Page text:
As part of its year-end spending package in December 2019, Congress repealed the controversial tax on not-for-profits established by the Tax Cuts and Jobs Act (TCJA). The TCJA provision, which took effect January 1, 2018, made an organization's expenses associated with "qualified transportation fringes," such as certain parking arrangements, van pools and transit passes, subject to the unrelated business income tax (UBIT) rate of 21%. Many not-for-profit organizations have struggled with the increased administrative cost and compliance burden.

The repeal is retroactive for taxes paid after December 31, 2017. As of this writing, further details of the repeal had not yet been released, but not-for-profits that paid the tax in 2018 or 2019 will receive refunds.

GoFundMe launches new services

GoFundMe, the for-profit crowdfunding platform, has unveiled a new fundraising service for not-for-profit organizations of all sizes, called GoFundMe Charity. Under one pricing plan, organizations pay no platform fee, with an option for donors to leave a voluntary "tip" for GoFundMe's services. Alternatively, you can choose a three percent platform fee where donors are given the option to cover the fee on their donations. Processing fees apply to both options.

Not-for-profits also receive data to help them track and measure success through GoFundMe's Report Center. The platform uploads data directly into common customer relationship management and marketing programs, such as Constant Contact and Mailchimp.

Why has charitable behavior dropped among young adults?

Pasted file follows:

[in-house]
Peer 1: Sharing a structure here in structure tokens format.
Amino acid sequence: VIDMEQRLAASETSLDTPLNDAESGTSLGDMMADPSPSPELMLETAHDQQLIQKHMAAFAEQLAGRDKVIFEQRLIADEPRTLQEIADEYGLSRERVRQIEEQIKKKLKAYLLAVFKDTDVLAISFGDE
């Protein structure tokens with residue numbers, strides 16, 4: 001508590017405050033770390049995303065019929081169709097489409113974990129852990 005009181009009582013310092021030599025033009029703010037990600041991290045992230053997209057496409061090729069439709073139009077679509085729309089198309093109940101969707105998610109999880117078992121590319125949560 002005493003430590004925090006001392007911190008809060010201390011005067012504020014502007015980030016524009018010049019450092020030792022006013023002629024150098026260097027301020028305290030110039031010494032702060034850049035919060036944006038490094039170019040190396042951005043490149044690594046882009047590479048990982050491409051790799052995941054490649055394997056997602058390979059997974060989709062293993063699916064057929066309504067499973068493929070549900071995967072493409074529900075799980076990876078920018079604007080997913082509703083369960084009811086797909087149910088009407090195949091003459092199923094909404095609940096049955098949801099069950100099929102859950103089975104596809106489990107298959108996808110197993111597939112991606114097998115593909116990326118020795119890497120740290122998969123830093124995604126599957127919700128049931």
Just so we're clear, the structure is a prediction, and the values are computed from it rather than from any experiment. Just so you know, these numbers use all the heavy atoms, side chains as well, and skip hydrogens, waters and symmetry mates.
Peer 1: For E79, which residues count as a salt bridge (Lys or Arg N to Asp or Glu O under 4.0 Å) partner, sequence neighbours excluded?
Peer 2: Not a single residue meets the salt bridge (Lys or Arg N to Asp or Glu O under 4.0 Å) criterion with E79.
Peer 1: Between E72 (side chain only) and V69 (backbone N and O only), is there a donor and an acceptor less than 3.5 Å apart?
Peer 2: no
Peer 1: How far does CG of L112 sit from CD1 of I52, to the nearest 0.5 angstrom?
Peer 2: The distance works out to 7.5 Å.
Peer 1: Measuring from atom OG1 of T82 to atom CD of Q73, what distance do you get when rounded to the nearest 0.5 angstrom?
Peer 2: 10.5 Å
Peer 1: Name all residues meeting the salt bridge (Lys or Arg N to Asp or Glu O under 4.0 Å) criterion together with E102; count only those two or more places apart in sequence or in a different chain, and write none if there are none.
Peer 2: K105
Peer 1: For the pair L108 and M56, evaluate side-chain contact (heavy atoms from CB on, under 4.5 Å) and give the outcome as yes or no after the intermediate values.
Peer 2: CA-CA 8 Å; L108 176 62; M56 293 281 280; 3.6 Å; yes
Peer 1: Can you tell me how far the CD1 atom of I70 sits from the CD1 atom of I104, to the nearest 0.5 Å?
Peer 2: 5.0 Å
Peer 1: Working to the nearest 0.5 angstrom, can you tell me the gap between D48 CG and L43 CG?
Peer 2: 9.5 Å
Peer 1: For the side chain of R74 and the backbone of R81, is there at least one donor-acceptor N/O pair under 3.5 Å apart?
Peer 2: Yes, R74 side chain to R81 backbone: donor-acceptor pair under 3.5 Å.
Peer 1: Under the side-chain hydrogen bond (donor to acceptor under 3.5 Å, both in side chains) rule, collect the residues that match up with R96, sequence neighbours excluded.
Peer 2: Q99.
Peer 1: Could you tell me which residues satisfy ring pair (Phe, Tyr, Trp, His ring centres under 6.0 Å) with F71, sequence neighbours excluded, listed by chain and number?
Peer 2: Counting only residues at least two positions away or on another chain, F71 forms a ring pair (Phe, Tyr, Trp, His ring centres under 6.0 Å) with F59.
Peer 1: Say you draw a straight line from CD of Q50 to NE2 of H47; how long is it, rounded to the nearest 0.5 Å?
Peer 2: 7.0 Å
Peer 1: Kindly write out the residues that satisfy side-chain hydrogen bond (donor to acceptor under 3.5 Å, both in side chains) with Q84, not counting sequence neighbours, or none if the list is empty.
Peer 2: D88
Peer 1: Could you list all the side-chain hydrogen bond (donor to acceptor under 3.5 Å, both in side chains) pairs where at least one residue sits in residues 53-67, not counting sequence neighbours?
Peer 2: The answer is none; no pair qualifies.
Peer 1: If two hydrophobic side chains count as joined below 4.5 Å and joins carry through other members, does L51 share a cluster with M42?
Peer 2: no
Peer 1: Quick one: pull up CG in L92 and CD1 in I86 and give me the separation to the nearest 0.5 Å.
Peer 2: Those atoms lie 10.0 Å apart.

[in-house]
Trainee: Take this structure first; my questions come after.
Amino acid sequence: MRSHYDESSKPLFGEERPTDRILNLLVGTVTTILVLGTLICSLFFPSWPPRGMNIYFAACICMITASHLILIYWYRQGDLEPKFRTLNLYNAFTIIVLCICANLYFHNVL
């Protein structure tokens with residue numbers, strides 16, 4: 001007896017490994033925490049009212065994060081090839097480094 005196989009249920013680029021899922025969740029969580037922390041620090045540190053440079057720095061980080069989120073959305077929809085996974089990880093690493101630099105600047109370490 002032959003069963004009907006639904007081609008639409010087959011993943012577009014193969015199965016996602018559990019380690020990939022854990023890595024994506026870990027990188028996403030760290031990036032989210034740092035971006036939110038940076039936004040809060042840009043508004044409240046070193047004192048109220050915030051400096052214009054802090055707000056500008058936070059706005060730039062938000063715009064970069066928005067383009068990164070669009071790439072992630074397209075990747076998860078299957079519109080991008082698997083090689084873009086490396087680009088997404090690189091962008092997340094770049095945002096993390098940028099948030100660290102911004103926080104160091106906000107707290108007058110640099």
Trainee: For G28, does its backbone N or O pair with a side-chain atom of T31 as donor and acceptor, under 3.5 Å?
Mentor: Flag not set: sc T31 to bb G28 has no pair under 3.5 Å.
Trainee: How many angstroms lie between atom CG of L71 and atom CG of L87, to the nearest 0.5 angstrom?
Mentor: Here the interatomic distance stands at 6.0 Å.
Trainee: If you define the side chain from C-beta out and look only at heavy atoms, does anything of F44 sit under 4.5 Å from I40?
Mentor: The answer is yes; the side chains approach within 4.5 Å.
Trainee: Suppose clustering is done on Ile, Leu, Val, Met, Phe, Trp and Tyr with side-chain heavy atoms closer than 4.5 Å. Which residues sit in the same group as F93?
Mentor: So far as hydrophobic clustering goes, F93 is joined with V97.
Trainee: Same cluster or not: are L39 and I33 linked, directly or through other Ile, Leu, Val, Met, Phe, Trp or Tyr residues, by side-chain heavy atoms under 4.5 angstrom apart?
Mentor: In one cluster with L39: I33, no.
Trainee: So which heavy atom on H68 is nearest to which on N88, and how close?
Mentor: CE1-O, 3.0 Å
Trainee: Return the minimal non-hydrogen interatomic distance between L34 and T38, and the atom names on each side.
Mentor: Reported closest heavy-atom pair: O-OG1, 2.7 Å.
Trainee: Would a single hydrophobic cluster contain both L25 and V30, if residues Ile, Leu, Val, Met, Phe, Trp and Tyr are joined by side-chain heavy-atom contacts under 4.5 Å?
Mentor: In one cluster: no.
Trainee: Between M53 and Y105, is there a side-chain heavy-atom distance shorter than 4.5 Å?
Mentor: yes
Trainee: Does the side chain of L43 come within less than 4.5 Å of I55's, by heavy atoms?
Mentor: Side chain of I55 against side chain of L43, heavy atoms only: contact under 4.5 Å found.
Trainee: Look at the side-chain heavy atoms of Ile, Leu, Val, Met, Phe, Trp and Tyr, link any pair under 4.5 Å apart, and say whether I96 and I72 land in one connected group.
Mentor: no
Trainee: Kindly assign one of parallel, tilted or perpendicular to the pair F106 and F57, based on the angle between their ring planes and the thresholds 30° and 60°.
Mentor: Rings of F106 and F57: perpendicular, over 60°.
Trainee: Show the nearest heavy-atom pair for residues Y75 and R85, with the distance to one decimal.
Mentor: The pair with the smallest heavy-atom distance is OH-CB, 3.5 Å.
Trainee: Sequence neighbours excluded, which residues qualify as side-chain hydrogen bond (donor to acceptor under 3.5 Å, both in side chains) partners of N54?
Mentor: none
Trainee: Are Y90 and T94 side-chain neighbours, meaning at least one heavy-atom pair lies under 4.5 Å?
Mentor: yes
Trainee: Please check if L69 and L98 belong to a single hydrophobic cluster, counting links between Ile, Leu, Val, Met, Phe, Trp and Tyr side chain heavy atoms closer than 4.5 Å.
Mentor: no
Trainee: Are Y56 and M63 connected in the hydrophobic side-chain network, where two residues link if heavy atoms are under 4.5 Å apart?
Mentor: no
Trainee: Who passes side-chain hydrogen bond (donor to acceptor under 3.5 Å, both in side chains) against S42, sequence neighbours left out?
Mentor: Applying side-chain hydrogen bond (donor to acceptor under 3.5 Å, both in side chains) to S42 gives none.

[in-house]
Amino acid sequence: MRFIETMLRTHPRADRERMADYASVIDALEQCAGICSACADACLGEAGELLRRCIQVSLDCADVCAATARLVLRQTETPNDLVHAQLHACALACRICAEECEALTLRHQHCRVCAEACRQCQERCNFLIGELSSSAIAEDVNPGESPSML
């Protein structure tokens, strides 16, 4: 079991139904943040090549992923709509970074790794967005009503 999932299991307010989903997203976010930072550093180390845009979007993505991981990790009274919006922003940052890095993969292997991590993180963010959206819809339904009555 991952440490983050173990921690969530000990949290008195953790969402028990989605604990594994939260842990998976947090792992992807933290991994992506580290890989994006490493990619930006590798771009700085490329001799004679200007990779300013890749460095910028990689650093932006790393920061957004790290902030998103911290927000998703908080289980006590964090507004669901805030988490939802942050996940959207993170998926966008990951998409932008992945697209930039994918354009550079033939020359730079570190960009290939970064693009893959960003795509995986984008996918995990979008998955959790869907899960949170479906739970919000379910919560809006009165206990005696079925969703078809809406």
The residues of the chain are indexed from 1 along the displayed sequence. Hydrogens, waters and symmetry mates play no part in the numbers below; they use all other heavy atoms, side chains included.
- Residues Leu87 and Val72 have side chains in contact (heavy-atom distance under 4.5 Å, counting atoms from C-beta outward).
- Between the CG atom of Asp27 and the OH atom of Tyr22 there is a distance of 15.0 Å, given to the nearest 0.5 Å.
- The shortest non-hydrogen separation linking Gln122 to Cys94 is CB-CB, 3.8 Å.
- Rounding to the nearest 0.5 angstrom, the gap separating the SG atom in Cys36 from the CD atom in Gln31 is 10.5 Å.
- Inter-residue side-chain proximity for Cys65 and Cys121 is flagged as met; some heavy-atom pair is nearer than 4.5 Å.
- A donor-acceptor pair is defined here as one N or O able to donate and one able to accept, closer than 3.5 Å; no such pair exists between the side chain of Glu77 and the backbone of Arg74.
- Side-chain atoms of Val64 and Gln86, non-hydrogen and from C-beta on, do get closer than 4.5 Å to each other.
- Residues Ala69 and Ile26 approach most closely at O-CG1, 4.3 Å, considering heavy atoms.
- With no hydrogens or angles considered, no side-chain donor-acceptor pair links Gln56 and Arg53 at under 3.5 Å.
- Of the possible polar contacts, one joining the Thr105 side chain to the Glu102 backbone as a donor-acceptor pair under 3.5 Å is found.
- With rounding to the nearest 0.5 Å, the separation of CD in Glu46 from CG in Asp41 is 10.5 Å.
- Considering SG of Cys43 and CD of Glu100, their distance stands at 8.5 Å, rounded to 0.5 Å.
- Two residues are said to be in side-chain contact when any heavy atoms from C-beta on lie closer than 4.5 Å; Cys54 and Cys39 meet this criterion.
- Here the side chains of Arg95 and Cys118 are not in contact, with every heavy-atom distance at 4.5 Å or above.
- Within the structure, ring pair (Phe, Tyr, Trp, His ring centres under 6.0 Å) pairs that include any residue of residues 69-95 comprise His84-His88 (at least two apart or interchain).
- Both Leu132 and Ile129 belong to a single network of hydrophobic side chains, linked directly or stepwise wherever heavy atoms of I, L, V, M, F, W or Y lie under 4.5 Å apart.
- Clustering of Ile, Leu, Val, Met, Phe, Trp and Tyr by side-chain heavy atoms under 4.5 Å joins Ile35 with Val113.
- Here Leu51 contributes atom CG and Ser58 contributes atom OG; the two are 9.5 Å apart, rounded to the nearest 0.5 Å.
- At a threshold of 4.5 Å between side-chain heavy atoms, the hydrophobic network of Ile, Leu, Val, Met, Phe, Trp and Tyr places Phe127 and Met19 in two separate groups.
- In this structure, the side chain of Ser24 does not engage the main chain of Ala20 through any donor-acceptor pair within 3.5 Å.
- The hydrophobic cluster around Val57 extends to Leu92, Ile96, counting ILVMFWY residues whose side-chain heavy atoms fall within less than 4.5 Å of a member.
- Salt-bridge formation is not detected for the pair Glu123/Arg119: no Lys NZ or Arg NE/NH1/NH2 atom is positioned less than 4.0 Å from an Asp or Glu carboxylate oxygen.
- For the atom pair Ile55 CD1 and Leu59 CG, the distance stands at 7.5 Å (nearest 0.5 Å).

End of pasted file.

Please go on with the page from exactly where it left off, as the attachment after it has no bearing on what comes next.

Although young adults show greater interest in community engagement, researchers at the University of Maryland's Do Good Institute have found a steady decline in their charitable behaviors. Volunteer rates among young adult college grads fell from a high of 38% in 2003 to 31.2% in 2015. And giving dropped from a high of 59.8% in 2011 to 55.7% in 2015.

The researchers suggest that milestones traditionally marking the transition to adulthood, such as marriage, birth and homeownership rates, may impact the volunteering and giving rates of young adults. Attaining these milestones more slowly can impact young adults' ability to develop the strong community ties needed to become actively engaged civic contributors.

Donor-Advised Funds donors get more impact-investing options

National Philanthropic Trust (NPT), one of the nation's largest donor-advised fund (DAF) sponsors, recently announced several new impact-investment portfolios that will allow donors to achieve both social and financial returns on their DAF investments. According to NPT, the portfolios address many of the United Nations' Sustainable Development Goals.

Donors can allocate their DAFs among portfolios focused on economic mobility, environmental stewardship, the advancement of women, conservation and health care access. Each portfolio can easily be converted to cash to fund donor grants.

Originally published by Ostrow, April 2020

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